Over the years, customers have expressed a need to label ALL of the rack unit spaces. They want a ruler or scale, not just a dimension line that tallies the grand total. The new version has a plethora of options. It can label rack units using boxes or “checkers”, and fits nicely alongside a network rack cabinet, as you can see in these three examples:
The new guy has tons of options
If you prefer more understated lines, the ÜRUDL can label cabinets like this:
Like I said, the new guy has tons of options!
The new shape has this lengthy feature list:
- Set the number formatting and precision
- Specify the text to be use for the display units
- Specify prefix and suffix text to be placed before and after each unit label
- Specify the start and step of the text labels
- Set the physical size of a “unit”
- Set the number of units to count per tick mark
- Choose from 8 styles of “tick mark”: boxes, checkers, lines, with a variety of indentations and staggering options
- Choose to position each tick marks’ text at one of 4 different positions
- Adjust the relative font size for tick marks
- Show or hide an overall dimension line, akin to the old shape’s
- Specify fill colors for major, even and odd tick boxes
- Specify font colors for major, even and odd ticks
- Add your own, custom text to the whole thing
- Customize the set of colors used in color drop-down lists
- Show and hide non-printing visual aids that remind you what various shape-control handles are for
So yes, there has been a bit of work that has gone into expanding the capabilities. Hence the “Über” in the name!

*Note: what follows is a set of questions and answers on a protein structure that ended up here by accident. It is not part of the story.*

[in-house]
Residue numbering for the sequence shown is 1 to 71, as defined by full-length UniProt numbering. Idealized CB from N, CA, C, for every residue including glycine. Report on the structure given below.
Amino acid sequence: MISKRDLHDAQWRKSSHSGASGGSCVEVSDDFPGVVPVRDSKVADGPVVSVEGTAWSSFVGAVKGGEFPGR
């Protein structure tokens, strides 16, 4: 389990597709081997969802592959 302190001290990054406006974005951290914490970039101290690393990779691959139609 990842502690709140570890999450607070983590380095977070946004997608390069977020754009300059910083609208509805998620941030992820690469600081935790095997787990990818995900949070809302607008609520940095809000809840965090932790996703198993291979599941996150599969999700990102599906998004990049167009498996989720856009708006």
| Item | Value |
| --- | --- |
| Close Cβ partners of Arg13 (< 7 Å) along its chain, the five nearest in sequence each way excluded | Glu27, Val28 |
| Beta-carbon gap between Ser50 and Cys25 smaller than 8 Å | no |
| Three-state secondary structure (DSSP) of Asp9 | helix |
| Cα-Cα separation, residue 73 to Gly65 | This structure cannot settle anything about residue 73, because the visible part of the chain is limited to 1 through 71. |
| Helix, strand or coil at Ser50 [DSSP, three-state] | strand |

About this Article
This article serves three functions:
- It’s the marketing piece to let you know about my new product
- It’s my testing suite – I find the best bugs while trying to explain and illustrate how something works
- It’s the Help File for how to use it.
[TODO: Produce a features video on YouTube so folks can see this thing in action]
Once you’ve opened a stencil that contains the RU Dimension shapes, you can drag one onto the page. In order to manipulate it, you’ll interact using these features:
- 1D endpoint handles
- Control handles
- Shape Data
- Right-click context menu
When you click on RU dimension shape, or “select” one, you will see a variety of handles. In the illustration below the yellow handles are called Control Handles, and the white and gray ones are the 1-D Begin and 1-D End handles. If you’ve ever used a Visio connector or manipulated a straight line, then you’ve moved “1D handles”.